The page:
Let there be no confusion, reasonable expectation must be supported by a very clear and reliable method of anticipating future prices.  I am careful not to say projected future prices because that is simply a matter of making some assumptions about the future which may or may not reflect reality.  Certainly the 2012 drought created realistic expectations of lower yields and did lead to projected prices with a solid basis for the projection.  For the most part, the kind of information which would lead to reasonable adjustments in price expectations is going to involve expectations of production adjustments downward.  I haven’t seen that kind of fundamental information at this time.  It may be forth coming, but I don’t have a sense that we have production information that is reliable enough to anticipate or project a continued price rally.  The main point about the $0.88 loss in the hedging account is that it should not drive the decision to hold or lift the futures contract.  That decision should be based primarily on whether the beans can be sold later for a higher price.

The other alternative is that we have to turn to the charts and a trend tracking system that tells us if the market is going higher.  There is no magic in deciding which technical indicator is the most reliable at telling us if the trend is up or down.  It is simply a matter of reviewing historical charts with various indicators and finding the indicator which has been the most consistent and reliable.  With the right software package and data set, it would be possible to back test previous charts to determine precisely which indicator produced the highest net realized price over time.  So far in this discussion group, we have only limited tools in the technical analysis toolbox.  We have discussed and monitored a moving average crossover using 5 and 35 day averages.  MA(5) crossed up through MA(35) on May 20 to signal a short term rally.  MA(35) is the dominant trend indicator in this system, and it has clearly turned up.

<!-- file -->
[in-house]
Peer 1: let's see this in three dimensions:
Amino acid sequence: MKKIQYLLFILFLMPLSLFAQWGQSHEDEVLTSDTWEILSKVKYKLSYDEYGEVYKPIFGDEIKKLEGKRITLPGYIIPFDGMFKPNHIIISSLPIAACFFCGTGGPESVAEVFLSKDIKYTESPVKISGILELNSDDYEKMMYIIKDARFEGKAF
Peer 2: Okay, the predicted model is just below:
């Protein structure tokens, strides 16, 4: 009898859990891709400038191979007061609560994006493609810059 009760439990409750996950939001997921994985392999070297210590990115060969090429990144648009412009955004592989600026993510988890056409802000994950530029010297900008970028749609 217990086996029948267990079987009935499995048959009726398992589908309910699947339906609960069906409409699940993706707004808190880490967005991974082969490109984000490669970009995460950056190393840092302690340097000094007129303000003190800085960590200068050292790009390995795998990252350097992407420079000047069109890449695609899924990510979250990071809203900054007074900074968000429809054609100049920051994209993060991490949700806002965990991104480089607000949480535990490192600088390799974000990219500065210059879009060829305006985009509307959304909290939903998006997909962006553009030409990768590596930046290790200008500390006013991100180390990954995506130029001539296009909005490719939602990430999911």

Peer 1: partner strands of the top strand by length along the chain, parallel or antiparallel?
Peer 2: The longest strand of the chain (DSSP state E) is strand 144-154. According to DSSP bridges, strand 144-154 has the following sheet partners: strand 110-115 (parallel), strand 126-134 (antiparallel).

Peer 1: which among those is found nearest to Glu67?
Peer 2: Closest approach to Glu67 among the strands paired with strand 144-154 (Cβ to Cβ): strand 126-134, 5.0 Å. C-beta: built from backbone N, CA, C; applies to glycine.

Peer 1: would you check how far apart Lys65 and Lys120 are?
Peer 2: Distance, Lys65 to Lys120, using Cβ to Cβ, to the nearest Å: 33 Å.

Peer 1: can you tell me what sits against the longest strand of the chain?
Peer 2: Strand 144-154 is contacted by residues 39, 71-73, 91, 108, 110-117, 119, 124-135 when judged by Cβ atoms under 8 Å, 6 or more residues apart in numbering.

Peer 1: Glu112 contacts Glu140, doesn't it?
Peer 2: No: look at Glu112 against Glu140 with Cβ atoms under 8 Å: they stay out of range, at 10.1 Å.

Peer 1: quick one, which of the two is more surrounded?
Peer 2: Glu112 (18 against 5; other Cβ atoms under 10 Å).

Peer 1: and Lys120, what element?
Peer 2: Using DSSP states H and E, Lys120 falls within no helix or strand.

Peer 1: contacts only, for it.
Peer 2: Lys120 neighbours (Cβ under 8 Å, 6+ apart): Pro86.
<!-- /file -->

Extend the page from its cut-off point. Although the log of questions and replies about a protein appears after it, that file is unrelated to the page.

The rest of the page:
We have reached a major decision point for me.  That is whether to restrict my analysis of the dilemma to the methods some of the beginners have been trying to learn, or whether to make use of some of the other tools I have in my toolbox to create a context for my answers to the specific questions.  The danger is that I feed the fears that technical analysis is too complicated.  Some of my other tools help explain why I am more confident in the MA(5,35) system indicating that the trend is up.  But please understand that some of these other tools are considered “soft” in that they do not have the quantitative characteristics of an indicator like moving averages.  

I use Elliott Wave analysis as an overall picture of what is happening.  This indicator, in combination with Fibonacci numbers, is projecting that the price will correct down into the 1290 to 1260 range, and then continue the rally to 1400 and beyond.  A proprietary power indicator projects that the market will make a new high above the 1331 high made recently.  Another calculation of the retracement projects that one of the likely areas for the correction is into the 1287-1276 range.  Other technicians make a point of looking for corrections to fill gaps such as the one between 1252 and 1263.  Look closely at MA(35).  For the next few day the values removed from the averages are going to be from the low prices back in late April.  That is to say that if the current prices stay any where near the current levels, MA(35) will continue to rally.  Price and MA(5) are well above MA(35), meaning that a confirmed correction is not imminent in the next few days.  None of these should be taken as quantitative projections, but simply as interpretations of various indicators on the chart.  

Now to the questions.  Should I sell new contracts at $13.00 ….?  While selling additional contracts would average the price of sales up, I discourage this line of discussion because it would be doubling up, or selling the same bushels more than once.  That is speculating.  Now, if you want to add to total sales at the $13.00 level, that is a new contract with new issues, but don’t confuse it with trying to deal with the previous sale.  If my assessment of the direction of the market is correct, it seems likely that you would soon find yourself with additional losses on the new contract as well.  If  we do move into the $14.00 range, and the trend changes, then selling additional bushels may be attractive on its own merits, but not as a way to correct for a previous sale.